Lazing in the bath Rex sighed as he watched the water ripple across his now shrivelled skin.

Upon musing at the loveliness of his toes for a good five minutes, his right green eye suddenly caught something, mused happily for a moment, before leaping back in horror.

In the corner of the window, reflected in the water, were a pair of beady eyes.

There was no doubt, they were the eyes that went with the heart stopping roar, owned by the creature of the task that was never undertaken.

Blind panic consumed Rex. Literally.

Leaping out of the bath, his eyes were tightly shut with fear, hence the blindness, but the panic prevailed in a way that conscious action would never have succeeded.

In the palm of his hand he suddenly felt the smooth, rounded top of an old walking stick, and never was so pleased to clasp an object he had long thought about throwing away.

The top of the creature’s pupils were in view now, as courage mustered from the find of the old cane allowed Rex the luxury of a squinted gaze.

They stared never once blinking, straight at Rex, who raised the old walking stick above his head.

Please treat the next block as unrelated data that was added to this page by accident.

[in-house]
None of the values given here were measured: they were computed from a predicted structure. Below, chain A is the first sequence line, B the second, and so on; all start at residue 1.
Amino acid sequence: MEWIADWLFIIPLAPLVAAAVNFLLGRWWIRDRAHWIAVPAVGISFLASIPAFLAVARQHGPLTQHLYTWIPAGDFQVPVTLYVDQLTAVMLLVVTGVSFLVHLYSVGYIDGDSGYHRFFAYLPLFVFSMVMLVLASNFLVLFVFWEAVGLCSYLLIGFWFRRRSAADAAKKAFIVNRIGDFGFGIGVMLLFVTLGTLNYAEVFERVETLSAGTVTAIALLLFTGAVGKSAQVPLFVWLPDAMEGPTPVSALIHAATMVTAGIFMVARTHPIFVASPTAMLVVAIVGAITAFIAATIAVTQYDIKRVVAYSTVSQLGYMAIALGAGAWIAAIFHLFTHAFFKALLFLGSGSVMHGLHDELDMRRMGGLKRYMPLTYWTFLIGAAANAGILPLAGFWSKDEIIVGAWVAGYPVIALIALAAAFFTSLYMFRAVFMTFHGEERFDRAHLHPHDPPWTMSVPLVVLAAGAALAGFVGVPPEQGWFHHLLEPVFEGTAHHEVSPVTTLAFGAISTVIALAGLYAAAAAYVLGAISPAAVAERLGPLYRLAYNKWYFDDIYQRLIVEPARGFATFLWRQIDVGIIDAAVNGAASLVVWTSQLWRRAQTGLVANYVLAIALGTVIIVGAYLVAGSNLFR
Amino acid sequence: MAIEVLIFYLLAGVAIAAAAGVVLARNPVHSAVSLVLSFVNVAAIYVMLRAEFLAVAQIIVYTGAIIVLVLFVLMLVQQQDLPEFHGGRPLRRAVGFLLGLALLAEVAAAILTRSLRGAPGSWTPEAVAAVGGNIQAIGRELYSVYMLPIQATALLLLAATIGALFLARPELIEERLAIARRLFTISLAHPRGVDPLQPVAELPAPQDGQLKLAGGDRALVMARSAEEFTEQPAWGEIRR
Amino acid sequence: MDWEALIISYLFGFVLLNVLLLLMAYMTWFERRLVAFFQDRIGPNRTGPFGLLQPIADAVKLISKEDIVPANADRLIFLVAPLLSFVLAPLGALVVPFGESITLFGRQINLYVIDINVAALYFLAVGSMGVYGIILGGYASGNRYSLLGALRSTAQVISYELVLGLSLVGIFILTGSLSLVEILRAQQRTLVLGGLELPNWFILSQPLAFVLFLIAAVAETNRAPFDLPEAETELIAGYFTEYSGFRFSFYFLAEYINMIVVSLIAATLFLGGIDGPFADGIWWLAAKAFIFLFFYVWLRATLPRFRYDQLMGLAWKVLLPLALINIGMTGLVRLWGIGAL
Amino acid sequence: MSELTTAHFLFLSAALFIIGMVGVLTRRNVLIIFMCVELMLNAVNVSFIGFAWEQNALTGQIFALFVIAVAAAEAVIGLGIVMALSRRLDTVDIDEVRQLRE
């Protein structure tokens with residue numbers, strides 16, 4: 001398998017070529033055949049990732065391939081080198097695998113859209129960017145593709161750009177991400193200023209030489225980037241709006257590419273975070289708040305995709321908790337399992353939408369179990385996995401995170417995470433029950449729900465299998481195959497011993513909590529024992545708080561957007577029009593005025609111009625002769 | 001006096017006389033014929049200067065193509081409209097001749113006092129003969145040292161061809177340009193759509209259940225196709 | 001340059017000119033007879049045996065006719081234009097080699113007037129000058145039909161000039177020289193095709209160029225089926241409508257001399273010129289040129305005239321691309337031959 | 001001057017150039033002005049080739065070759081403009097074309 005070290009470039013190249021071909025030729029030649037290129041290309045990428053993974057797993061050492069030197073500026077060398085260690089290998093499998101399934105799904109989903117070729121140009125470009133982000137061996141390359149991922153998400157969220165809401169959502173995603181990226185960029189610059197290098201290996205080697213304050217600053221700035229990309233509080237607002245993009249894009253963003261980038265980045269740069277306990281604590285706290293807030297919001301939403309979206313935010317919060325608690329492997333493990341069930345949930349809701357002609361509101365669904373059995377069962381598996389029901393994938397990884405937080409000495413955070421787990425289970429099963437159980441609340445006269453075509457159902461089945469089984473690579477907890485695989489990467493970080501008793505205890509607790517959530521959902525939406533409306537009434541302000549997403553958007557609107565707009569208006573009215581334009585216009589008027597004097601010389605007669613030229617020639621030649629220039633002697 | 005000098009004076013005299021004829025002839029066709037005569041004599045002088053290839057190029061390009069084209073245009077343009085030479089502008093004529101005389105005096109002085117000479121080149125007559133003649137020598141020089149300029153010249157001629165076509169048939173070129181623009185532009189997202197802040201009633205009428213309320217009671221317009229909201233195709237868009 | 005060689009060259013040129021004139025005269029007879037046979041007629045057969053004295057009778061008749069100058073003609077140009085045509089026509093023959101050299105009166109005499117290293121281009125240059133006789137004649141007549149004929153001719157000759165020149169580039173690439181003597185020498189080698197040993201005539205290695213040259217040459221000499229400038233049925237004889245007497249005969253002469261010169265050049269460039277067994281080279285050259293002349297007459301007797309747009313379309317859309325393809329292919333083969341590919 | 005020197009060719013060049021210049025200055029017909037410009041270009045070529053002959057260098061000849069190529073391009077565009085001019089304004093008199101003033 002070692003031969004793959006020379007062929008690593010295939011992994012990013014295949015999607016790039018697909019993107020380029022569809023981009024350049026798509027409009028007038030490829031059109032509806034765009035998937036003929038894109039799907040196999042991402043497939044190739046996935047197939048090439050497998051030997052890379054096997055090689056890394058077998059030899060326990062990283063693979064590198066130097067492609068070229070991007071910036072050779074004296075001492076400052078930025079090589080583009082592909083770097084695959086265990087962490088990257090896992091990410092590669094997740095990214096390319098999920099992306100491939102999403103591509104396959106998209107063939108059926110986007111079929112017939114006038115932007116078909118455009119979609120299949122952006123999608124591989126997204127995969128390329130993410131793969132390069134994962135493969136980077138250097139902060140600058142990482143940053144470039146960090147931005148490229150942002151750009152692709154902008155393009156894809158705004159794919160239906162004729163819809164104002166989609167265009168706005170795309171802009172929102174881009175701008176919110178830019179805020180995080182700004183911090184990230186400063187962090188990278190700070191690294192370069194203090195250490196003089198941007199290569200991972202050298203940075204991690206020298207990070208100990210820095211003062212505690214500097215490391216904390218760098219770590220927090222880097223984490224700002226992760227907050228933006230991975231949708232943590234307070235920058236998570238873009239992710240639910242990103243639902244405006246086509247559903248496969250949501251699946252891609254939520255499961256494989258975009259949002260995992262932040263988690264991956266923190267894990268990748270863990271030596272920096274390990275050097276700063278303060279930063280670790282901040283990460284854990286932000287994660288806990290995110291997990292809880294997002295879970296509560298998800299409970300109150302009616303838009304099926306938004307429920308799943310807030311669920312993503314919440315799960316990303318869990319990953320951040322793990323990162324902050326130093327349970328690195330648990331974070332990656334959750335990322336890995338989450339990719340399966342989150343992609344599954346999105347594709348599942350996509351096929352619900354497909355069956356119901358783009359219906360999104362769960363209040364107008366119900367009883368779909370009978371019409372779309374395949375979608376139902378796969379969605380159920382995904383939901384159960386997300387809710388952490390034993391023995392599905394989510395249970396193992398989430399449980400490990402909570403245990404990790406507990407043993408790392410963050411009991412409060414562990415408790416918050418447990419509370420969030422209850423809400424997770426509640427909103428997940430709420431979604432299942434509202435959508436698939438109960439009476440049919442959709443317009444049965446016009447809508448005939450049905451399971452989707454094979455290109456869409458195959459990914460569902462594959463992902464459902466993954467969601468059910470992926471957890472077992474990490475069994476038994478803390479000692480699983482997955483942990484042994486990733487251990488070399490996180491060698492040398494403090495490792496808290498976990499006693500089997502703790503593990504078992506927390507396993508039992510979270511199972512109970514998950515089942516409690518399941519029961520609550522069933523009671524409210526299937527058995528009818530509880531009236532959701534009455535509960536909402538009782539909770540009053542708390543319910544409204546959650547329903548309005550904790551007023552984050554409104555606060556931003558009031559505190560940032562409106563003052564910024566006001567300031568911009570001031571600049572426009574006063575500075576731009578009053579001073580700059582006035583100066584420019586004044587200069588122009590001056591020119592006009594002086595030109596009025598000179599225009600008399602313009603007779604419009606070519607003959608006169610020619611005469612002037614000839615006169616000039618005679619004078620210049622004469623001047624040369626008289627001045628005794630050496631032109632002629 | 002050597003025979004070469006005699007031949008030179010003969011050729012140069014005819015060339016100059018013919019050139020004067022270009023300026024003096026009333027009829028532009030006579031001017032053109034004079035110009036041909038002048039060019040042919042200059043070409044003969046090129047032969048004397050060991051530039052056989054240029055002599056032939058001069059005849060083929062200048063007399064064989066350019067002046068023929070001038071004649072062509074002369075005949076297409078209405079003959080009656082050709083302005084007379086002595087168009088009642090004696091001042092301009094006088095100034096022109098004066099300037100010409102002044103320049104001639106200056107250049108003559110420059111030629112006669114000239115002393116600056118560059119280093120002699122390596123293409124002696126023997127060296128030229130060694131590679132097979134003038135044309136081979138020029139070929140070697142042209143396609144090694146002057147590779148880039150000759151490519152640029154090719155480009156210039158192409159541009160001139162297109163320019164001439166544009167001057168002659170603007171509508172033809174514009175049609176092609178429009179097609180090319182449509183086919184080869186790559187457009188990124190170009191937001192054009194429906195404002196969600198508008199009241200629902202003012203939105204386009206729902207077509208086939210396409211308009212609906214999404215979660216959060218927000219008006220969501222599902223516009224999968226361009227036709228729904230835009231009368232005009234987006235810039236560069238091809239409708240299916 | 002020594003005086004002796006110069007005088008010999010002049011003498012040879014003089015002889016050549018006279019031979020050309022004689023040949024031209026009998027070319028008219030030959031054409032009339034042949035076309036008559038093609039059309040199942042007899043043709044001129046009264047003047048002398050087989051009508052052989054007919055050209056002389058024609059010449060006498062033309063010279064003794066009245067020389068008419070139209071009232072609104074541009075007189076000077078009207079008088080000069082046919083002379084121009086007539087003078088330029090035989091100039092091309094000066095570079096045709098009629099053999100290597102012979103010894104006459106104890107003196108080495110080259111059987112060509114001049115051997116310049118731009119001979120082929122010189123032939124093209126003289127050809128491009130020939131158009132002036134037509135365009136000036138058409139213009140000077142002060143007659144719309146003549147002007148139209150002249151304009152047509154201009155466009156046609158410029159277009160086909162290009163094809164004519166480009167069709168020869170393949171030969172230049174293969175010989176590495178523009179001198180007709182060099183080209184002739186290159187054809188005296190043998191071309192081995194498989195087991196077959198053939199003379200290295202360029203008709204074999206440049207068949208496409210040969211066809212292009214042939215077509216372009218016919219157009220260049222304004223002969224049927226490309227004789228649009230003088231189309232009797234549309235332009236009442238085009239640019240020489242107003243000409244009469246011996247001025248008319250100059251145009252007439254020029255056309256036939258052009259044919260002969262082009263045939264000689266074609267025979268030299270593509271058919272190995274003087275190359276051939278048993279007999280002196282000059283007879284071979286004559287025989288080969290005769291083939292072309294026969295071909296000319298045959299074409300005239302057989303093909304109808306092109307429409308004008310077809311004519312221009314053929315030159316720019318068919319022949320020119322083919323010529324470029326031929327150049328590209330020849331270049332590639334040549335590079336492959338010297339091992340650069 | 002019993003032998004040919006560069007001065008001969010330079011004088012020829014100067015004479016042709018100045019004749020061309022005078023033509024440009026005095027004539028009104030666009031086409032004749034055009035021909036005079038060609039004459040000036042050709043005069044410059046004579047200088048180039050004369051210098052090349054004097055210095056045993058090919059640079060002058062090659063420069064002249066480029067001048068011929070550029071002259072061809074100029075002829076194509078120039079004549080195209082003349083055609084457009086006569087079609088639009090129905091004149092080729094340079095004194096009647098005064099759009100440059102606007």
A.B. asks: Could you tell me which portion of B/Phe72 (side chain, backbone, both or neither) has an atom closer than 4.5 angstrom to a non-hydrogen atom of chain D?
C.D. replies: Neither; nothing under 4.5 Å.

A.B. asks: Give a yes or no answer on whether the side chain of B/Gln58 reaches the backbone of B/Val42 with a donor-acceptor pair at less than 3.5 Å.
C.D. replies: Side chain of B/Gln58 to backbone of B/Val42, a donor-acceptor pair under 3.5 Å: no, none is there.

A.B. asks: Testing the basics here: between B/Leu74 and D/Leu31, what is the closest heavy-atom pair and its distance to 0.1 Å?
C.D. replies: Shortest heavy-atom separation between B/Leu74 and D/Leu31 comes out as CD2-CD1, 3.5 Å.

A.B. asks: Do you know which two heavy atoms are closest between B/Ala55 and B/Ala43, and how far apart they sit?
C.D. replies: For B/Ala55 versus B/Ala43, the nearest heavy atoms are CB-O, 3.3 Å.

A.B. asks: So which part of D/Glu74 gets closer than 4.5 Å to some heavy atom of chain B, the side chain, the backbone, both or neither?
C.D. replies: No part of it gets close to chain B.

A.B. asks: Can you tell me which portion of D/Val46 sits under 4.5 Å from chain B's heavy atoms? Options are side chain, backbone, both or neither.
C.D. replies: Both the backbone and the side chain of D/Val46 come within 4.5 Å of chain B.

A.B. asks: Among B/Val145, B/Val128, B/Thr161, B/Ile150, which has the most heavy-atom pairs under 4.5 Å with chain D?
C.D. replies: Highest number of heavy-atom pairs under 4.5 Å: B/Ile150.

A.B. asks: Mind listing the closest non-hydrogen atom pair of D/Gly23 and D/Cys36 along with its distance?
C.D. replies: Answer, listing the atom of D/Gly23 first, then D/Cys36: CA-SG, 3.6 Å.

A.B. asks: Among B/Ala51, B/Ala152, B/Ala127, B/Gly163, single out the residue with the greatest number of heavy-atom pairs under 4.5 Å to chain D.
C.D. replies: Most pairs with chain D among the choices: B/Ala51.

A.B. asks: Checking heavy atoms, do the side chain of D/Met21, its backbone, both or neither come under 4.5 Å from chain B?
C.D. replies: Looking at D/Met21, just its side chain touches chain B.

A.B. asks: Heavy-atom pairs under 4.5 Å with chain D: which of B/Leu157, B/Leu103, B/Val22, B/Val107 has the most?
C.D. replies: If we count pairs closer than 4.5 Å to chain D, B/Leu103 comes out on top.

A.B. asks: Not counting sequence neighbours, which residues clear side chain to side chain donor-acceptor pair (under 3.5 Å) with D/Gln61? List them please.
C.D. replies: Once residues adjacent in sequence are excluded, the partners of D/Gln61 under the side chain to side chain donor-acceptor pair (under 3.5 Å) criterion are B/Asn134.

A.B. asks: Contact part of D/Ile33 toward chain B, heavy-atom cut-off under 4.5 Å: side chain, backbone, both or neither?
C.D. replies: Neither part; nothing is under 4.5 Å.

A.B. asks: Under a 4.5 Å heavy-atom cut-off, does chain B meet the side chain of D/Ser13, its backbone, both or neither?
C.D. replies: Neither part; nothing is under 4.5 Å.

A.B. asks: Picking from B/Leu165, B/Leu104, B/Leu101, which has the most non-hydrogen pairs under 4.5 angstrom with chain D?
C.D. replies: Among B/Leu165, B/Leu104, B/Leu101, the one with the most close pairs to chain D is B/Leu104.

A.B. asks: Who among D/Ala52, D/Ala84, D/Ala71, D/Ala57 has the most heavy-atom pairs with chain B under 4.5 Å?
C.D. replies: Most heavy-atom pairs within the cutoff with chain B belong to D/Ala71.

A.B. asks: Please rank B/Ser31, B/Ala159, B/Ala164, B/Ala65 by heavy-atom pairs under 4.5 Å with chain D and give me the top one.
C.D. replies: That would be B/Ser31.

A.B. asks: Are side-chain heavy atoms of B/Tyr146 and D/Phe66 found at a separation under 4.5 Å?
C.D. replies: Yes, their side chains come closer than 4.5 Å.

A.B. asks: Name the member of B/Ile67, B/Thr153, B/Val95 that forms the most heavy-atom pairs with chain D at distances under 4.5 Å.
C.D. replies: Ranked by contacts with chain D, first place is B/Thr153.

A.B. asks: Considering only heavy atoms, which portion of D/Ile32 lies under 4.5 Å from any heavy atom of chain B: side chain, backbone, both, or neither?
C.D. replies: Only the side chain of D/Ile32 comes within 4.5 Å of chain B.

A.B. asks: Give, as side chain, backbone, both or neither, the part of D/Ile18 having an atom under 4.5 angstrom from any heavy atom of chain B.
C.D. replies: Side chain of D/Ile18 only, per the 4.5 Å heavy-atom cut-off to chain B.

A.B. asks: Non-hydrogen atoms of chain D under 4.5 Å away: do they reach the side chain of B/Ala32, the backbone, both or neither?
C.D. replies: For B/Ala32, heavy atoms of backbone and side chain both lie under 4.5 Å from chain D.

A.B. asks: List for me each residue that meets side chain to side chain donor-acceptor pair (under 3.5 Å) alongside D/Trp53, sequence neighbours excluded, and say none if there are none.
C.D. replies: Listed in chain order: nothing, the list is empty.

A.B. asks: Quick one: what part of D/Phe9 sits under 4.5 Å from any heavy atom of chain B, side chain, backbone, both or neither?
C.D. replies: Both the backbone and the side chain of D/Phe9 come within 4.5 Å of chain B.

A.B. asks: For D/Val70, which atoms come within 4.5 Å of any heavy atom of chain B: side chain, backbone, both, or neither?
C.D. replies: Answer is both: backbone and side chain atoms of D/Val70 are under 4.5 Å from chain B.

Then, crash!

He brought the wood zooming down through the window pane, ricocheting off the solid timber frame.

The force of the blow was such, that it pushed Rex backwards and for the second time that day he tripped over the blanket box, landing on his back, staring up at the now broken window.

Lying there petrified and unsure what to do, he waited for the sound of pain from the creature, sure he had felt a sharp pop on it’s eyes before he had hit the timber of the window.

Looking up through the shattered pane, his own eyes wide open now, the creatures gaze bared down on him, swaying slightly in the breeze, suspended by a branch.

Pretty sure that most, if not all of the animals Rex knew of, didn’t have branches as part of their anatomy, he got to his knees and edged cautiously to window.